Third, the majority’s dictum that the “criteria for blocking online material must be based on the characteristics of the online material, i.e., its content, and not on the identity of the entity that produced it,” is particularly troubling. While perhaps unintended by the panel, this stray statement could be applied in ways that would further undermine the very practices that Section 230 was intended to protect. Online service providers and their users routinely make moderation decisions that apply to entities or individuals, rather than just isolated pieces of content. That happens, for example, when a provider terminates a user’s account or when users deploy tools like Twitter’s Block feature to filter content from certain other users. These measures are a vital part of online self-regulation and are covered by any coherent reading of Section 230(c)(2). The panel’s ambiguous language threatens to arbitrarily limit the ability of platforms and users to protect themselves against abusive, offensive, or problematic accounts or users. At a minimum, therefore, the Court should grant rehearing to correct (or strike) the panel’s errant dicta.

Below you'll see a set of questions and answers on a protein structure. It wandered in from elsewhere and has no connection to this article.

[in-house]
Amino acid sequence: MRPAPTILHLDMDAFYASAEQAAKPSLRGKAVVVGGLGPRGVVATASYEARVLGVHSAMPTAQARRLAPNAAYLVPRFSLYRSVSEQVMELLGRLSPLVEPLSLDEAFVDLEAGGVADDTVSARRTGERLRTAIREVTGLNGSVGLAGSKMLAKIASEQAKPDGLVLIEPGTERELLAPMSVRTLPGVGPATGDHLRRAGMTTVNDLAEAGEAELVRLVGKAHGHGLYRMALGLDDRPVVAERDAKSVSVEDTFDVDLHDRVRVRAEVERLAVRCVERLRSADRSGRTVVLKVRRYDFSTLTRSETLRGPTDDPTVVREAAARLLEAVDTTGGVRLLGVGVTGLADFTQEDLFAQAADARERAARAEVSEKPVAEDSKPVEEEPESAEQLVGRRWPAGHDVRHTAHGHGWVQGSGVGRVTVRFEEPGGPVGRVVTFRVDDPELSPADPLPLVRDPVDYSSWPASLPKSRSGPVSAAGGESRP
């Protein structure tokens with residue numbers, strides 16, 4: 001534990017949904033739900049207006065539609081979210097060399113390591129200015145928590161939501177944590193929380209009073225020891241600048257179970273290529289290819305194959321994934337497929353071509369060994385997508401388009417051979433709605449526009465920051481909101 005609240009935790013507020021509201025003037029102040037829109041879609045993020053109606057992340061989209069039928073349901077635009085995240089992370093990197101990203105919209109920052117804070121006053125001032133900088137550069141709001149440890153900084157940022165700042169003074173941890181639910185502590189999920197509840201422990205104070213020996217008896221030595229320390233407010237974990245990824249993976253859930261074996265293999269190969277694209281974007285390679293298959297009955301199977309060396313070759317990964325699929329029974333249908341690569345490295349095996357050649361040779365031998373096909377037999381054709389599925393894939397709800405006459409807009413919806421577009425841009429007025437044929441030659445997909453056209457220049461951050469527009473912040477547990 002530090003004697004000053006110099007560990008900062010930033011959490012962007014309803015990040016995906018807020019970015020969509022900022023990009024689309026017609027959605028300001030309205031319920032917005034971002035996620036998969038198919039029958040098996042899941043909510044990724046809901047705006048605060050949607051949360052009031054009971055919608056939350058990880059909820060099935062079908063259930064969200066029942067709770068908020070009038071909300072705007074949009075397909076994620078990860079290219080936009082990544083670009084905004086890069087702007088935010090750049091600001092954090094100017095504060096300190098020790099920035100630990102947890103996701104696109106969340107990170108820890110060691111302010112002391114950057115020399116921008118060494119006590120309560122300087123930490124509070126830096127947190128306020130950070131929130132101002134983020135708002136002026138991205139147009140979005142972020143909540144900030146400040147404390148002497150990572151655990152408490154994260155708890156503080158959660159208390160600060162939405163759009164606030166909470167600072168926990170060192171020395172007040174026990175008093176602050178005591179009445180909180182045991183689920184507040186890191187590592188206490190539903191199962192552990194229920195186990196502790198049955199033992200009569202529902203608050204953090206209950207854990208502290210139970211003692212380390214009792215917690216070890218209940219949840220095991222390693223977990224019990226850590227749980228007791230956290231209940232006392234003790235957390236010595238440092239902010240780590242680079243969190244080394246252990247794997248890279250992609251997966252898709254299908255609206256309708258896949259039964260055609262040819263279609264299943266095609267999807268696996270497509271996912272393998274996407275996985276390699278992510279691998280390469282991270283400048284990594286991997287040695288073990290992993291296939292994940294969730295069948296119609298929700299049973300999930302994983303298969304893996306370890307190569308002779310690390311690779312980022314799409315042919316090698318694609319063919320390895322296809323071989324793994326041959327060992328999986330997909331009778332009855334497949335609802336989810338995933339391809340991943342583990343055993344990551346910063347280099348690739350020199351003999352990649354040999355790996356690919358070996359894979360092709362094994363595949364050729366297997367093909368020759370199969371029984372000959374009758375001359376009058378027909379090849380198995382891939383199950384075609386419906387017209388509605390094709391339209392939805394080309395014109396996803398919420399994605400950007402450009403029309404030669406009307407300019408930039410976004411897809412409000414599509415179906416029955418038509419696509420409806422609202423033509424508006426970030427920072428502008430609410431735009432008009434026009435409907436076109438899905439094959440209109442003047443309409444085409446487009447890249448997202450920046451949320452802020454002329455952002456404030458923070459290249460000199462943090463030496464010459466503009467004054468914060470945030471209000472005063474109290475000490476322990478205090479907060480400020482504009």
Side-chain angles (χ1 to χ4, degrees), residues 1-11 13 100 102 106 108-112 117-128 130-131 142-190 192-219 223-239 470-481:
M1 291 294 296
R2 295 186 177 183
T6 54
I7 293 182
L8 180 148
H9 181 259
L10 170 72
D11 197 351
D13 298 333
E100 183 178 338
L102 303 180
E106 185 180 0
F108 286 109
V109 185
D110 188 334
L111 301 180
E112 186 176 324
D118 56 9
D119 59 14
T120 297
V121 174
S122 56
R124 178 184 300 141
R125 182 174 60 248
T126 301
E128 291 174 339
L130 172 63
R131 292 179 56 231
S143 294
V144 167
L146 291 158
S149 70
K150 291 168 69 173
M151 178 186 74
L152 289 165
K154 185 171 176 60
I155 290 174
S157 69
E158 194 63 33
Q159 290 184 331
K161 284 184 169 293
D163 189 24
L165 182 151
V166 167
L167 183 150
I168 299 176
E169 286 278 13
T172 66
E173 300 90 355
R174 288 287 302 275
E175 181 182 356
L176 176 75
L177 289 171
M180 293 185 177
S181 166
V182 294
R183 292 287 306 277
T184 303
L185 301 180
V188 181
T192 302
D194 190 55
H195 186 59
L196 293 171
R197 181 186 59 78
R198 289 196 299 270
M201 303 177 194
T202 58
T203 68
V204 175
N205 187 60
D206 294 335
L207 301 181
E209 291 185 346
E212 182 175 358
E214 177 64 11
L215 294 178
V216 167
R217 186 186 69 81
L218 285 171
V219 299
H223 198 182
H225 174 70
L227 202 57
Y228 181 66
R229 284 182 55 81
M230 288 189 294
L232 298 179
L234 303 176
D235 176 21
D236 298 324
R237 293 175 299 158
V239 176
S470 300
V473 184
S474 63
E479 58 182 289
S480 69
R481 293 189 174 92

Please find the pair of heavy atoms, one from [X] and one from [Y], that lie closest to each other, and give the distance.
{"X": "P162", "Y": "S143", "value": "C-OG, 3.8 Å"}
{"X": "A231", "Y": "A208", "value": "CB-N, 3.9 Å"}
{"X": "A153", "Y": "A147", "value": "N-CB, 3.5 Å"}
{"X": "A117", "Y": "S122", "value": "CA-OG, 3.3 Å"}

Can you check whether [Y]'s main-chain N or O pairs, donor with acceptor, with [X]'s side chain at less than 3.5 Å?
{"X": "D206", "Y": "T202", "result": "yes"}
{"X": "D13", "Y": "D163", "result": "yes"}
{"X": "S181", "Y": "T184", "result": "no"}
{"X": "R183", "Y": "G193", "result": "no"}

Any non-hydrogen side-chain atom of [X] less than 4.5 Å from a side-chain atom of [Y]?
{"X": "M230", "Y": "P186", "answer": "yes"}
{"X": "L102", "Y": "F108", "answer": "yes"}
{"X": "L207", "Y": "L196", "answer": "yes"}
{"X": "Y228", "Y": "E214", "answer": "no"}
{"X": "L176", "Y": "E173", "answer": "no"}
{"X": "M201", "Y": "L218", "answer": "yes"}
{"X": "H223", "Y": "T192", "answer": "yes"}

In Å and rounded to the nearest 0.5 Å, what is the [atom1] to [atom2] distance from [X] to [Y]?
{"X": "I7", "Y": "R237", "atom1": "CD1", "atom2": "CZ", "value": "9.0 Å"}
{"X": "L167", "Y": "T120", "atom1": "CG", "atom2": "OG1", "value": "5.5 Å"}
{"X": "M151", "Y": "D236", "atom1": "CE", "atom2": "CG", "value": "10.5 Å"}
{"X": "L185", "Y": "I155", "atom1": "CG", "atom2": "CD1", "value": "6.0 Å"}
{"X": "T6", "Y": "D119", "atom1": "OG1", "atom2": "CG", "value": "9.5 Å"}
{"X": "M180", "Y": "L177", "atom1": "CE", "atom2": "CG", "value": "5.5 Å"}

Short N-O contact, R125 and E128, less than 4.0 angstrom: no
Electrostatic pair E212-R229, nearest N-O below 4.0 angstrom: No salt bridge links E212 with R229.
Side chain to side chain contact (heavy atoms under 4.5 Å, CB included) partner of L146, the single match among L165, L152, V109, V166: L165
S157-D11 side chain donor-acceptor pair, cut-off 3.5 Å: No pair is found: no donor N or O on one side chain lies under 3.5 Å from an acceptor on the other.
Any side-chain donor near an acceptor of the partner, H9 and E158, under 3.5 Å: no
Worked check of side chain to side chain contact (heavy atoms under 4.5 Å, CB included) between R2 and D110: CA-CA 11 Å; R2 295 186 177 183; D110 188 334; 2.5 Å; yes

ESET amicus brief

The majority opinion in this case undermines internet security and harms consumer choice in at least two critical ways.

First, the opinion creates a major roadblock to effective computer security software. The decision undercuts statutory immunity for filtering technology whenever there are allegations of anticompetitive animus, even though a purveyor of objectionable material can easily position itself as a competitor and make a facially plausible claim of such animus. This undermines Congress’s goals in enacting the Communications Decency Act, 47 U.S.C. § 230 (1996) (CDA), and harms the procompetitive interests the majority opinion purports to protect.

Second, the decision substitutes litigation for the user choice that has created a thriving marketplace of protections available to consumers. Such choice now exists at two levels: when the user decides what security software to deploy, and when the user chooses to filter out an objectionable program with the aid of that software. The majority opinion would substitute litigation in which the user has no role for both of these choices.

EFF/CAUCE amicus brief